Psalm 5 Reading

Psalm 5

Give ear to my words, O LORD; consider my groaning. 2 Give attention to the sound of my cry, my King and my God, for to you do I pray. 3 O LORD, in the morning you hear my voice; in the morning I prepare a sacrifice for you and watch. 4 For you are not a God who delights in wickedness; evil may not dwell with you. 5 The boastful shall not stand before your eyes; you hate all evildoers. 6 You destroy those who speak lies; the LORD abhors the bloodthirsty and deceitful man. 7 But I, through the abundance of your steadfast love, will enter your house. I will bow down toward your holy temple in the fear of you. 8 Lead me, O LORD, in your righteousness because of my enemies; make your way straight before me. 9 For there is no truth in their mouth; their inmost self is destruction; their throat is an open grave; they flatter with their tongue. 10 Make them bear their guilt, O God; let them fall by their own counsels; because of the abundance of their transgressions cast them out, for they have rebelled against you. 11 But let all who take refuge in you rejoice; let them ever sing for joy, and spread your protection over them, that those who love your name may exult in you. 12 For you bless the righteous, O LORD; you cover him with favor as with a shield.

A few thoughts for meditation:

1) In this psalm, David again wrote from the perspective of one who is groaning under the schemes and lies of his enemies. They are “boastful”, “speak lies”, “bloodthirsty”, and “deceitful”. Perhaps this was another song written during the rebellion of Absalom, or maybe even when he fled from Saul. But he appealed to God in his prayer as the God of righteousness, truth, and justice. He knew God hated such behavior. He knew God would eventually bring justice. And on that basis, he pleaded for God to intervene to stop the wicked. He had studied and meditated upon the attributes of God, and so he knew how to appeal to them in prayer.

2) David then in confidence of God’s eventual answer began to celebrate the coming deliverance. He knew the steadfast love of God overflowed to those who loved him. He knew that one day he would be able to return to God’s house and worship him again. He asked the Lord to keep him faithful and “straight” and to avoid being led astray by the lies of his enemies. How difficult it can be to know how to act in obedience or wisdom when we do not know all the facts! But God knows all the facts and has promised to guide us through such situations as we trust him. He also prayed for the schemes of his enemies to backfire, to “fall by their own counsels”. David knew just how destructive evil can be and prayed for God to wipe it out. Such should still be our prayer today, that God would cause the schemes of wickedness to backfire and self-destruct before they hurt anyone else, especially his Church. The Church faces such schemes often. How often is she slandered or ridiculed or lied about by the world? How often do people in general suffer from the corrupt ways of wicked men in places of power? Often we feel powerless to do anything about such things and often we are powerless humanly speaking. But we can ask the all-powerful and righteous God for help. Part of the Church’s role in society is not only to call people to repentance but to pray for righteous rulers so that we may live peaceful lives.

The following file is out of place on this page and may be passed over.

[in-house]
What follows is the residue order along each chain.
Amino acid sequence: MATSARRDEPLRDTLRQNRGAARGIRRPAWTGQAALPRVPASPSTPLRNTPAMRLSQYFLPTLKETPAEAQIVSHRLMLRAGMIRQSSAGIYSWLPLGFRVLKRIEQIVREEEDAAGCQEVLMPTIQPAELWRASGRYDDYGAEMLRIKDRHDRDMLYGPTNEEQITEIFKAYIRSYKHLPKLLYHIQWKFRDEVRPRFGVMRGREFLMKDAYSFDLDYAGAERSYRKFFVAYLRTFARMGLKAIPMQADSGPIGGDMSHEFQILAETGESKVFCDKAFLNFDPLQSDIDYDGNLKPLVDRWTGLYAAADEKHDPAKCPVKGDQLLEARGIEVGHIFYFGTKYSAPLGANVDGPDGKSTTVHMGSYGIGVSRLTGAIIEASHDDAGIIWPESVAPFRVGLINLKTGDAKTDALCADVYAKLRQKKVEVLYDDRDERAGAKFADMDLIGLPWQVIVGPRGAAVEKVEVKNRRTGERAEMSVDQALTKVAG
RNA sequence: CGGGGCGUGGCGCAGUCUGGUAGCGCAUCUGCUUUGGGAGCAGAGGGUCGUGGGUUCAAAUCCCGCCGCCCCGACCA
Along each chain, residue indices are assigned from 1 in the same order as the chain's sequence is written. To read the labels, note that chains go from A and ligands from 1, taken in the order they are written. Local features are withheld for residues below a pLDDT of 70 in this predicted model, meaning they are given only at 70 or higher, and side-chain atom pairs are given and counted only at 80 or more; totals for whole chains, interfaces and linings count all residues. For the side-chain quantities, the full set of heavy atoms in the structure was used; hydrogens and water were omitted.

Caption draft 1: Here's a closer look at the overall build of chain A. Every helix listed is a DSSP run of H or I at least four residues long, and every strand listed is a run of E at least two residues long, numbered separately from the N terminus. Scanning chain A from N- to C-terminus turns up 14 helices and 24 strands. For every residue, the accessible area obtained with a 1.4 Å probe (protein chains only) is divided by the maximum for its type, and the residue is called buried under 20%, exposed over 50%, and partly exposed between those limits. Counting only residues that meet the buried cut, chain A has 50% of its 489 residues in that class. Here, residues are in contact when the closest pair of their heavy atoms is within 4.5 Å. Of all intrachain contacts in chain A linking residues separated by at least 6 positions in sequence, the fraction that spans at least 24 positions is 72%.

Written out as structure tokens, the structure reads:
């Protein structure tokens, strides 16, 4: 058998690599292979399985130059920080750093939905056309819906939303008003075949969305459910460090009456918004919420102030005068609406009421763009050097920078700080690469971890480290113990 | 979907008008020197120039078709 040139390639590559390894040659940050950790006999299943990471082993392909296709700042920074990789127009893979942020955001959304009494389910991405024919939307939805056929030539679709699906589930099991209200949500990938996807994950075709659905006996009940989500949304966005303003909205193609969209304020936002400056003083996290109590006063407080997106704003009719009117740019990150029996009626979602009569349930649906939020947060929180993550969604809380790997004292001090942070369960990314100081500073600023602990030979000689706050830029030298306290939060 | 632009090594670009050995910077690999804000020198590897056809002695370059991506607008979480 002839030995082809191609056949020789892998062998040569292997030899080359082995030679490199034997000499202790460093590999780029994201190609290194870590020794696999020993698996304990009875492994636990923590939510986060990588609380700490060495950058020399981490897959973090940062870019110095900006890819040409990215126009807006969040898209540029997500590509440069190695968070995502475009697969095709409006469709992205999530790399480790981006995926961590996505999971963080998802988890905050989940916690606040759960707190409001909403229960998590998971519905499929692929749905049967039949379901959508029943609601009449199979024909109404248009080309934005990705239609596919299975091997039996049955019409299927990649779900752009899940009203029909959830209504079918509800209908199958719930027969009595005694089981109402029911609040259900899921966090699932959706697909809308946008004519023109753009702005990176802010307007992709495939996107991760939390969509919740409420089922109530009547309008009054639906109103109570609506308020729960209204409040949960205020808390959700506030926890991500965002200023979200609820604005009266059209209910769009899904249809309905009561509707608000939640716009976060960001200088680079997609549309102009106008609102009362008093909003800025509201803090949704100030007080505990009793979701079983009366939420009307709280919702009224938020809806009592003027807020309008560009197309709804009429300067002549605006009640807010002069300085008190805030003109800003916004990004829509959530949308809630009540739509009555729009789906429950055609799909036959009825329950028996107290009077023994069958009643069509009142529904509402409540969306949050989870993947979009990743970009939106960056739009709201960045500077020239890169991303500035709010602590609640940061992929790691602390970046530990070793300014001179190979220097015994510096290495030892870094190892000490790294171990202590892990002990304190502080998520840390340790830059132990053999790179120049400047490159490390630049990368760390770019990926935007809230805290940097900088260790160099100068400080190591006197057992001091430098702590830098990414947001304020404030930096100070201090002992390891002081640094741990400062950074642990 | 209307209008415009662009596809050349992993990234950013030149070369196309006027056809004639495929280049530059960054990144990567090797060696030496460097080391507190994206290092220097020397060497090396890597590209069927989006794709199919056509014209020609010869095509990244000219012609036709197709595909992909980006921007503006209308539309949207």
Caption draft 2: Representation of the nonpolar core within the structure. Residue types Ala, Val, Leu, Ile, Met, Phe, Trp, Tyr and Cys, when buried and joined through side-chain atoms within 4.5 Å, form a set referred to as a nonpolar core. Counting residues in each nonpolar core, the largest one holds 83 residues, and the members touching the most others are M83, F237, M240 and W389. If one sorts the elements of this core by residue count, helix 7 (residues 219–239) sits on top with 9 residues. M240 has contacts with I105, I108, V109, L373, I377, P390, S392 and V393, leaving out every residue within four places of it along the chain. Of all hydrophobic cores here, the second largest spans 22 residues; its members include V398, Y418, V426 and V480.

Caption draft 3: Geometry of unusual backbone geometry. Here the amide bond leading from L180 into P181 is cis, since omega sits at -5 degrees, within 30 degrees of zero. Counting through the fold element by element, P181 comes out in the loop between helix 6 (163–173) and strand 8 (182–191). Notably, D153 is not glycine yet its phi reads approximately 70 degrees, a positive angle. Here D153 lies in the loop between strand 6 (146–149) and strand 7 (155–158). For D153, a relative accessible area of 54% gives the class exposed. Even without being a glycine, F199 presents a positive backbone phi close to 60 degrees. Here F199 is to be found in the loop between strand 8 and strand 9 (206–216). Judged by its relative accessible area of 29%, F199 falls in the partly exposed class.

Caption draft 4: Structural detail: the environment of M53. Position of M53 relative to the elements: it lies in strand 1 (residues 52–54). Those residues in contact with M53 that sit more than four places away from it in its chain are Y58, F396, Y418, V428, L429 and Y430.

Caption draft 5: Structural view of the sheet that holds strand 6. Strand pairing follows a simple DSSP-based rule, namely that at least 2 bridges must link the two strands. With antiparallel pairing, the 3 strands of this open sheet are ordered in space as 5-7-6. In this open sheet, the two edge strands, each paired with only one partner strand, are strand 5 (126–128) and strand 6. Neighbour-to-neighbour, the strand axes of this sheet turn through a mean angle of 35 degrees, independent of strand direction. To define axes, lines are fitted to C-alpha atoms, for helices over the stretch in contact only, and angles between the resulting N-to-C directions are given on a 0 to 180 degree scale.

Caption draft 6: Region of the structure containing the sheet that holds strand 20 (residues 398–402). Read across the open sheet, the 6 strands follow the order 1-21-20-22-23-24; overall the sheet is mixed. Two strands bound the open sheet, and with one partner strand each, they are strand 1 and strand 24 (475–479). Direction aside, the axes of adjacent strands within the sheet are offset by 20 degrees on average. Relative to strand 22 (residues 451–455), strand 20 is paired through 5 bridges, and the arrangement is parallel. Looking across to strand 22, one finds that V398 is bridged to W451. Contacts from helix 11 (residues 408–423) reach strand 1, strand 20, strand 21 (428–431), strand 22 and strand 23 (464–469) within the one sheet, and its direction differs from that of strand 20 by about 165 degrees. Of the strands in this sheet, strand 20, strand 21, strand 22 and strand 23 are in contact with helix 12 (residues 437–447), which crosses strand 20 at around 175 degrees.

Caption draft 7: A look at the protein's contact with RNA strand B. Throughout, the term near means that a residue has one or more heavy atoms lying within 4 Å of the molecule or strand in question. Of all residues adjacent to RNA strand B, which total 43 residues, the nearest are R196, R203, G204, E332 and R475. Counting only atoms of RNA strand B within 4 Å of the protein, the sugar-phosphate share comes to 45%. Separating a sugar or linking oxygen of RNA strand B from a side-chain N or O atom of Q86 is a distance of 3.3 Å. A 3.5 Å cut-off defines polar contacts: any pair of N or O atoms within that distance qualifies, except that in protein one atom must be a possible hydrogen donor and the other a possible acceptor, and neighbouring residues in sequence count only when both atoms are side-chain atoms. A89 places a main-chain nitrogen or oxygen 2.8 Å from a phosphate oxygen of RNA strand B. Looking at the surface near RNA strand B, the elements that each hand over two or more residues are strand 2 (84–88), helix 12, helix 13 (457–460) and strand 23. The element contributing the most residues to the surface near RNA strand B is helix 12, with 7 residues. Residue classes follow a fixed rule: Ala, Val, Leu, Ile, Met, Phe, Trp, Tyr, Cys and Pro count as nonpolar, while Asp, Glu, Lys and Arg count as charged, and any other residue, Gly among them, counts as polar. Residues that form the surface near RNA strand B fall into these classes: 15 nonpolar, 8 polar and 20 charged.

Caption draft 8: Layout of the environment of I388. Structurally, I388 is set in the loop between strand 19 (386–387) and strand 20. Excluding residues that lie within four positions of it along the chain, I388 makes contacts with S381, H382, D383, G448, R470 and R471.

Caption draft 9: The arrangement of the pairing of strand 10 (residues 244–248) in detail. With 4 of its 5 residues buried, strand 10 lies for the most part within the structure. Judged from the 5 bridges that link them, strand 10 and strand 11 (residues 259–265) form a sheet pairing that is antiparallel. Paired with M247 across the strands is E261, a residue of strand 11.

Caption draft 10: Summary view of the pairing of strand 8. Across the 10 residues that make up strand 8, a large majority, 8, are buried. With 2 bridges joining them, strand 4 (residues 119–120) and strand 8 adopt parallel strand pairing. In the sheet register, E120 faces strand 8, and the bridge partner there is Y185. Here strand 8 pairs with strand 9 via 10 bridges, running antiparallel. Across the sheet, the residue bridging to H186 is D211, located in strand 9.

3) David concluded with a call to rejoice. Those who take refuge in the Lord will be protected by him and experience God’s favor even while they suffer from the schemes of their enemies. Our deliverance from wicked men may not come instantly but it will come eventually. God will not allow them to rule forever. Such promises are often fulfilled in this life. We see throughout history how wicked men self-destruct in their wickedness and people rejoice to see them go. But often the answer to that prayer may take months or even years to work out. It may take time for the wicked to build the snare which will eventually catch their own feet. God answers these prayers for deliverance in his good time. David himself had to wait years before God finally delivered him from Saul, but he knew God would keep his promise at the right time, and so he faithfully served where God had put him for the time being. But this promise is ultimately fulfilled when Christ returns. One day, we will live with God in a new creation unstained by sin and wickedness and where the meek will inherit the earth. And that is a cause to rejoice even now. That future victory is guaranteed by the death and resurrection of Christ. Though wickedness may seem to be great today, God is working even now to overthrow it, and eventually it will be banished forever. Pray “thy kingdom come” in light of such confidence.

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